“Gutsy and smart. Without losing any of the clever agility that makes his books so winning, he has taken on truly consequential material and risen to the challenge….fascinating…shocking…Mr. Ronson’s gift for detail-picking is, as ever, a treat.” –The New York Times
“A sharp-eyed and often hilarious book…Jon Ronson has written a fresh, big-hearted take on an important and timely topic. He has nothing to be ashamed of.” –NPR.org
“A diligent investigator and a wry, funny writer, Ronson manages to be at once academic and entertaining.” –The Boston Globe
“This is a wonderful book.” –Jon Stewart
“This book really needed to be written.” –Salon.com
“Required reading for the internet age.” – Entertainment Weekly
“With an introspective and often funny lens, [Ronson] tracks down those whose blunders have exploded in the public eye…So You've Been Publicly Shamed is an insightful, well-researched, and important text about how we react to others' poor decisions.” –The Huffington Post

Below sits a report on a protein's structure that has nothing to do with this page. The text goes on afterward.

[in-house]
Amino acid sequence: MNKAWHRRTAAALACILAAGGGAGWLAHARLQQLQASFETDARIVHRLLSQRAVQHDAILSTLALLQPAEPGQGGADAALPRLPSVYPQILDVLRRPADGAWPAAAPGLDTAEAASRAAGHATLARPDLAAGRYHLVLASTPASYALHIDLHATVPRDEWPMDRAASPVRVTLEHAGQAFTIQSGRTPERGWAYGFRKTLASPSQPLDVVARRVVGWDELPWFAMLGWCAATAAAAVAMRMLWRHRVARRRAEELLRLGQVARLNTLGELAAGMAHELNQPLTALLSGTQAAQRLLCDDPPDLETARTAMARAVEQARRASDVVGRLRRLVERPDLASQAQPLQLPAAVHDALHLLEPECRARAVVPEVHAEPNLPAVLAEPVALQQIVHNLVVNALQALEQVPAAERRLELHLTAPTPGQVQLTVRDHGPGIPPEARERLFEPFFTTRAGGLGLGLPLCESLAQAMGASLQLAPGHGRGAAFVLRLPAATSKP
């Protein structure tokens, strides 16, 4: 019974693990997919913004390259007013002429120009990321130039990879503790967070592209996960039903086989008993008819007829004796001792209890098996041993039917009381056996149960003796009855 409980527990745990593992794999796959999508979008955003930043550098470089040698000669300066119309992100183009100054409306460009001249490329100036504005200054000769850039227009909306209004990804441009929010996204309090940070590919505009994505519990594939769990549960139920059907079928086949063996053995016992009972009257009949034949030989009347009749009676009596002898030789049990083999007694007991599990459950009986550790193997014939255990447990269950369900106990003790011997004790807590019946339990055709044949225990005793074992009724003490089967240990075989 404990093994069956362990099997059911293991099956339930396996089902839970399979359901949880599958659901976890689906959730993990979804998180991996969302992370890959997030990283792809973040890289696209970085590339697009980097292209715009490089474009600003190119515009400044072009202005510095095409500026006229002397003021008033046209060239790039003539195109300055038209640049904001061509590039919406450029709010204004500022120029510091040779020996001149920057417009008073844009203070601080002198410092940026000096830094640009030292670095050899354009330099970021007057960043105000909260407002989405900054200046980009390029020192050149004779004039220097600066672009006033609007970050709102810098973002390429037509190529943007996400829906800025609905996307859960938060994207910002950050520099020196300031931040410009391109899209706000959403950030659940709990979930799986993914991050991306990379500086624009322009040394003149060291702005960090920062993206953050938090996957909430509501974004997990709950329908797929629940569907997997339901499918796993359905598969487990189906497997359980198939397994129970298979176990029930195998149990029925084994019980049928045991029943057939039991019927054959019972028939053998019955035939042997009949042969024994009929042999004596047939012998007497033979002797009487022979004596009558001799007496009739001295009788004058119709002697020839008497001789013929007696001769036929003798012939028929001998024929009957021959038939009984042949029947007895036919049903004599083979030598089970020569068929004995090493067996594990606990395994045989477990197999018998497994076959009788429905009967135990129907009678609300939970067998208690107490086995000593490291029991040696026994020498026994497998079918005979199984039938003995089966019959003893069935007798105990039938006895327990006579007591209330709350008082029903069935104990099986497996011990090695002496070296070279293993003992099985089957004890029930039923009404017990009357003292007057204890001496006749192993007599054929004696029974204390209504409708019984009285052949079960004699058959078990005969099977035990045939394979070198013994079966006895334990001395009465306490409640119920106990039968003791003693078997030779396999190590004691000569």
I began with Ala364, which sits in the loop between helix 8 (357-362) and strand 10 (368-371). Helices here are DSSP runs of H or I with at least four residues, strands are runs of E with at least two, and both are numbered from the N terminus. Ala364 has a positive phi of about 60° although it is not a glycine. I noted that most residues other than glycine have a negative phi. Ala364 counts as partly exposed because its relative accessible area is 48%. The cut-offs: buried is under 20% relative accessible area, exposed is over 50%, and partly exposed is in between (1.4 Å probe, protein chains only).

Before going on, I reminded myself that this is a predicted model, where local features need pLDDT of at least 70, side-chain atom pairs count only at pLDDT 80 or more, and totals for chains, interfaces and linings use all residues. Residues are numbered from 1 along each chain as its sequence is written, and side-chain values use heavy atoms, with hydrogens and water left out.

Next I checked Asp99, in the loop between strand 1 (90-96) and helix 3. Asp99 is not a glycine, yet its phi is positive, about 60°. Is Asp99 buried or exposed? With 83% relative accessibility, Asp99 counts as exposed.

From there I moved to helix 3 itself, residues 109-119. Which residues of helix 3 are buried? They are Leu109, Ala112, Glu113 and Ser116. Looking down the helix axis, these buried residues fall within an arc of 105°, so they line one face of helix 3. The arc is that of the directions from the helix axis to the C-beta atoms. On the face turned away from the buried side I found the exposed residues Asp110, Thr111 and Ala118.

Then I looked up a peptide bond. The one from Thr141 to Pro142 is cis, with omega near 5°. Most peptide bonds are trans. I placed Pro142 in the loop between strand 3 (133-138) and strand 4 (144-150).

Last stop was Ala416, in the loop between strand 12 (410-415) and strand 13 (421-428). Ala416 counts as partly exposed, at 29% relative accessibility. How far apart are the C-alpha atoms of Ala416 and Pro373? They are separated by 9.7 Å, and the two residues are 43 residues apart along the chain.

“Personable and empathetic, Ronson is an entertaining guide to the odd corners of the shame-o-sphere.” –The Minneapolis Star Tribune
“It’s sharply observed, amusingly told, and, while its conclusions may stop just short of profound, the true pleasure of the book lies in arriving at those conclusions.”
“Like all of Ronson’s books, this one is hard to put down, but you will absolutely do so at some point to Google yourself.” –TheMillions.com
“An irresistibly gossipy cocktail with a chaser of guilt.” –Newsday
“With So You’ve Been Publicly Shamed Ronson has written a timely, interesting and titillating read for any Internet drama junkie.” –PopMatters.com
“[A] simultaneously lightweight and necessary book.” –Esquire
"A work of original, inspired journalism, it considers thecomplex dynamics between those who shame and those who are shamed, both of whom can become the focus ofsocial media’s grotesque, disproportionate judgments." –The Financial Times